The world’s political landscape has been thrust into the spotlight lately, with leaders from some of the biggest, most powerful countries of the world experiencing their fair share of controversy.
With controversy comes the clamoring for political support from voters and when voters have something to say, political pollsters gear up.
With the 2020 presidential election looming in the USA, and Democratic primaries in full swing, online surveys with political subject matter are on the rise.
Recent increases in political surveys
Election time in a country means that survey takers from said country can expect to receive an influx in surveys pertaining to political issues. These results are used to gauge public sentiment about the candidates, new proposals, existing laws, and more. The results are often published by the media, and used by competing parties to understand where they currently rank among voters.
Even when there are no elections imminent however, a big controversy like Brexit in the UK or issues relating to Trump’s presidency in the US for example, can mean that as a survey taker, you may find yourself with an influx of political surveys.
Although surveys pertaining to politics are sent year-round, controversy means instability, and instability can often mean that voters are rethinking candidates or their attitudes towards new and existing political issues. And these opinions are very valuable, especially in democratic nations.
Political surveys often pose questions such as:
- How likely is it that you will vote?
- How do you feel about the the investigations into the current government?
- What are your opinions about the direction the country is going in?
- Do you support or oppose particular legislation in your state/province?
- What are your opinions on certain political ads?
Surveys on politics function the same
Whether a survey topic is on something political or on something pretty mundane like car insurance, the way a survey works is the same; a company (or a political party for instance) hires a market research firm to gauge the opinions of a group of people (voters in this case) on a particular subject. The market research firm then contacts people who may be eligible to take the survey (by tapping into their database of survey takers, or by contacting them by other means), and requests their participation.
This participation by the ‘survey taker’ is often incentivized with a reward – typically points that can be used towards a cash payment, an Amazon gift card, etc.
Never taken a political survey before?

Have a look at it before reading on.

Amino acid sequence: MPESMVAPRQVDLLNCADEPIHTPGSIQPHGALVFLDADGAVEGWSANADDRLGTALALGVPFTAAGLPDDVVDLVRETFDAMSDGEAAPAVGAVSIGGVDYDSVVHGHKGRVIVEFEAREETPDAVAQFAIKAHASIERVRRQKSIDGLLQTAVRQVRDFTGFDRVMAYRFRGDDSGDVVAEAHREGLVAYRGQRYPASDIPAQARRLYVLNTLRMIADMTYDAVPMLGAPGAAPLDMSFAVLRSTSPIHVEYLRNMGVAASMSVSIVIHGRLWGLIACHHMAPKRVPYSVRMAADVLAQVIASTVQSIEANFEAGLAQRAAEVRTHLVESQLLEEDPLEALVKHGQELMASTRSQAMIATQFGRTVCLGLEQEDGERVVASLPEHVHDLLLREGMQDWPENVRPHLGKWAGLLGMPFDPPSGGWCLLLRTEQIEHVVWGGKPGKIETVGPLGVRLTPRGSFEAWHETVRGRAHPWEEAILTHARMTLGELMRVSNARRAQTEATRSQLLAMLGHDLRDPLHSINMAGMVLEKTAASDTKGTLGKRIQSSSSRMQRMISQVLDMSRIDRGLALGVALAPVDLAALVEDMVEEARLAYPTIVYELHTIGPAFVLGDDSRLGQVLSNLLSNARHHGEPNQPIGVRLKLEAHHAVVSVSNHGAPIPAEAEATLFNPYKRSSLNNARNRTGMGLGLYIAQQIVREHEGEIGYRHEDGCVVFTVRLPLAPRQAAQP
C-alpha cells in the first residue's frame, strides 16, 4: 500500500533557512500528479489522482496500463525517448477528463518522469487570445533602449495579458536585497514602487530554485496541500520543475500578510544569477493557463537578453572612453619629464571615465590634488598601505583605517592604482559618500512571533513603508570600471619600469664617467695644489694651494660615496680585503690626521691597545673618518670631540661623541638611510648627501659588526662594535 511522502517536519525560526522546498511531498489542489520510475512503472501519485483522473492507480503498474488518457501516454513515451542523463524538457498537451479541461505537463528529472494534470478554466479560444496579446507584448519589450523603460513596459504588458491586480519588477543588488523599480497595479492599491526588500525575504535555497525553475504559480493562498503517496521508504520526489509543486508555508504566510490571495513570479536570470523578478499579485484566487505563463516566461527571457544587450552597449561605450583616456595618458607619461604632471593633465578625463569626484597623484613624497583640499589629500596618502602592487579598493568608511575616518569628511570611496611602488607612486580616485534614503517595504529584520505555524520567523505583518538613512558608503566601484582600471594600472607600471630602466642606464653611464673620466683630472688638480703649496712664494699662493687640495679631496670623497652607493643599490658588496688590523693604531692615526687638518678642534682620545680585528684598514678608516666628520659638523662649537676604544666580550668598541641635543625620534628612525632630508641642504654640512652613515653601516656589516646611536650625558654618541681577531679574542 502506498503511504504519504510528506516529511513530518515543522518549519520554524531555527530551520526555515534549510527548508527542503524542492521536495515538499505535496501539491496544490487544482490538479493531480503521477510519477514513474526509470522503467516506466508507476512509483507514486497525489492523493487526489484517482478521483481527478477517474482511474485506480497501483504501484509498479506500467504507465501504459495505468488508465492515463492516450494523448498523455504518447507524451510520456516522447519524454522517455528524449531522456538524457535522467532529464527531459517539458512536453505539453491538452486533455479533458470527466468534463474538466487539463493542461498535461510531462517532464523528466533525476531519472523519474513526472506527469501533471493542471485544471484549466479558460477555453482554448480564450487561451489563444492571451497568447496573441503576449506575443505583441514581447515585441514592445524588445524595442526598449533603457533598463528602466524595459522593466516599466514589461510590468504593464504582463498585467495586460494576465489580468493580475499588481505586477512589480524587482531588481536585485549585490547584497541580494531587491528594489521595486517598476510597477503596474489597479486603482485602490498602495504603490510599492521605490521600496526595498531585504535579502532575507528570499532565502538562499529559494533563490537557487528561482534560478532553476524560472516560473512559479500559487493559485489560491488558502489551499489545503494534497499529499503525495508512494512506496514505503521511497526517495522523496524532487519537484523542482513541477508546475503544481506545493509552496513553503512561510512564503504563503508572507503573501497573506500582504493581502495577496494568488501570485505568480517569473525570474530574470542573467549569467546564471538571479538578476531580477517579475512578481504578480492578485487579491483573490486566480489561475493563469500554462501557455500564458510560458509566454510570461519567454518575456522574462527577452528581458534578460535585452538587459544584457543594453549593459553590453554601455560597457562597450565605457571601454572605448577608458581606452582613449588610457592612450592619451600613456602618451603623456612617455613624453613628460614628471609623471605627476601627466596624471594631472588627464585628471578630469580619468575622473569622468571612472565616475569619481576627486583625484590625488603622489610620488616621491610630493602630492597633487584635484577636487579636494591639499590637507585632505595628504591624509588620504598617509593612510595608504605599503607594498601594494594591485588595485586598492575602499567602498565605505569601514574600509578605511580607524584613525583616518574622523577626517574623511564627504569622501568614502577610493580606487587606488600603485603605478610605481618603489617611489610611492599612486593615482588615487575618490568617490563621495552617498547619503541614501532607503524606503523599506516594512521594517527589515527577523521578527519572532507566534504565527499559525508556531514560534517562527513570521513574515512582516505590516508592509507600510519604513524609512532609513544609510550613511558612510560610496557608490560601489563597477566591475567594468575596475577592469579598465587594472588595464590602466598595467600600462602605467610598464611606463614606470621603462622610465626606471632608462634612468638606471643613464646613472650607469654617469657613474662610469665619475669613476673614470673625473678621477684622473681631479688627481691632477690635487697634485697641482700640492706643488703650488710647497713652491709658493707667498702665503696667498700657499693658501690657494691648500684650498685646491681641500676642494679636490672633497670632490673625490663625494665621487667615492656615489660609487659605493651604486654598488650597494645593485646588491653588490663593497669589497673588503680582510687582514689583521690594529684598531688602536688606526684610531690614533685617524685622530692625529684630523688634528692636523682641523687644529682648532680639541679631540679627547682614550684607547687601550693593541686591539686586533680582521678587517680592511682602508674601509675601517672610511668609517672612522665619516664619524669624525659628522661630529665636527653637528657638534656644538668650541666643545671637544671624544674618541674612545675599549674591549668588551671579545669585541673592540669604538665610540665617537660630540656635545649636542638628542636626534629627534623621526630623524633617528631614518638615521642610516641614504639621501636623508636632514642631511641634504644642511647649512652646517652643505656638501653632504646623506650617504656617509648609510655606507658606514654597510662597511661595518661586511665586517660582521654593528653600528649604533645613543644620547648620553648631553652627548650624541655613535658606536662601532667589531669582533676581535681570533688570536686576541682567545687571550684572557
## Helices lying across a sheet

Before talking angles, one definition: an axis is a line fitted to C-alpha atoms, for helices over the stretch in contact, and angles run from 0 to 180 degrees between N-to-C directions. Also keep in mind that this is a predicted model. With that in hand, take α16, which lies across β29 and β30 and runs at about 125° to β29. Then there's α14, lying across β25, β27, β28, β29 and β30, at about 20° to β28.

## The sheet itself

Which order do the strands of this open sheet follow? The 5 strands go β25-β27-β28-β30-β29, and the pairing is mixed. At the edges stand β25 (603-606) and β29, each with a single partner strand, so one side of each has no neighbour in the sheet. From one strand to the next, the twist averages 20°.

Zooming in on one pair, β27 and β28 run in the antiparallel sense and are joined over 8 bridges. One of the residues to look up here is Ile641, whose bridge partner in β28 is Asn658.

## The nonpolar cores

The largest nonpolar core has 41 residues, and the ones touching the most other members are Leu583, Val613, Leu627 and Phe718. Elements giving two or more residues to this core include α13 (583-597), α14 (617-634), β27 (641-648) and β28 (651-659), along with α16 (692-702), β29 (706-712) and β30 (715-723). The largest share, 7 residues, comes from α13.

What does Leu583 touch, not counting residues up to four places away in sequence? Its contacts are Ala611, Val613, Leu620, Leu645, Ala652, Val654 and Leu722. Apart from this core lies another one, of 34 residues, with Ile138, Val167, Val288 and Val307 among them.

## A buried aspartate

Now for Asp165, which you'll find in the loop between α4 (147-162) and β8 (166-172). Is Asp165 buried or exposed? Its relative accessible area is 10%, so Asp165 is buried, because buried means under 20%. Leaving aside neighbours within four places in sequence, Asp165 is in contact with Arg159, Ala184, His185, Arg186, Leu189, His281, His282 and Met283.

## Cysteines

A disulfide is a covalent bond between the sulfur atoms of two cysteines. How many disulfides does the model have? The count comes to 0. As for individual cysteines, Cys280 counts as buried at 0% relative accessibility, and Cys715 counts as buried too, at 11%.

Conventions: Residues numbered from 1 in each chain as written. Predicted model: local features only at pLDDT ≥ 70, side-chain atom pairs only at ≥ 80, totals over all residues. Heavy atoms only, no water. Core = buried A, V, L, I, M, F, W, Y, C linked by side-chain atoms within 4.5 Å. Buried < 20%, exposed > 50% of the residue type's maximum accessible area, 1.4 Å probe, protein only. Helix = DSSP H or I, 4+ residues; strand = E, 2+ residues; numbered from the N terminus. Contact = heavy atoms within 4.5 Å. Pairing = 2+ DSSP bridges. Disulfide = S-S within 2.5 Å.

If you’ve never participated in a political survey and would like to voice your opinions in exchange for rewards, the following is a list of survey programs that regularly offer political questionnaires:
YouGov (US, CA, UK, select EU and APAC countries)
Political surveys are YouGov’s specialty, as you’ve probably seen their surveys quoted in the media. They’re always looking for new members to join their survey panel.
LEO (USA, Canada only)
LEO offers many political surveys (especially to Canadians), and has a panel that has awarded over $20 million to its members.
Ipsos is another huge player in the world of political surveys. Their online survey panel is very popular and has been around for years.
Springboard America (USA only)
Springboard America conducts surveys on behalf of media and government bodies across the USA, with regular offerings of surveys that are political in nature.
QuickThoughts is an app that you can use to take short surveys on your phone. Surveys on politics are frequently offered.
Mercury Opinion (USA only)
Mercury Opinion conducts public research to understand key issues and trends in America and randomly selects participants from public lists of registered voters.
Maru Voice Canada (Canada only)
Maru Voice Canada frequently conducts political surveys that impact policymakers. Rewards for participating include cash and gift cards.
A few notes on political polling
As political surveys operate the same as non-political ones, if you are disqualified from a political survey after stating your political affiliation, age, etc. you are mostly likely being disqualified because you simply don’t meet the criteria for that particular study. Although it may appear partisan, bear in mind that the client conducting the study might be a political party looking to gauge the opinions of certain types of voters.
If you’re located in Canada, there are paid survey opportunities that exist specifically for Canadians.
As well, note that when you see the results of a political poll published by the media, the data might be aggregated from different research methodologies (online surveys, in person polls etc.), and/or different studies. The original source of the information is typically listed in the article, and you can often view the full results of a study by visiting the website of the market research company who conducted the survey.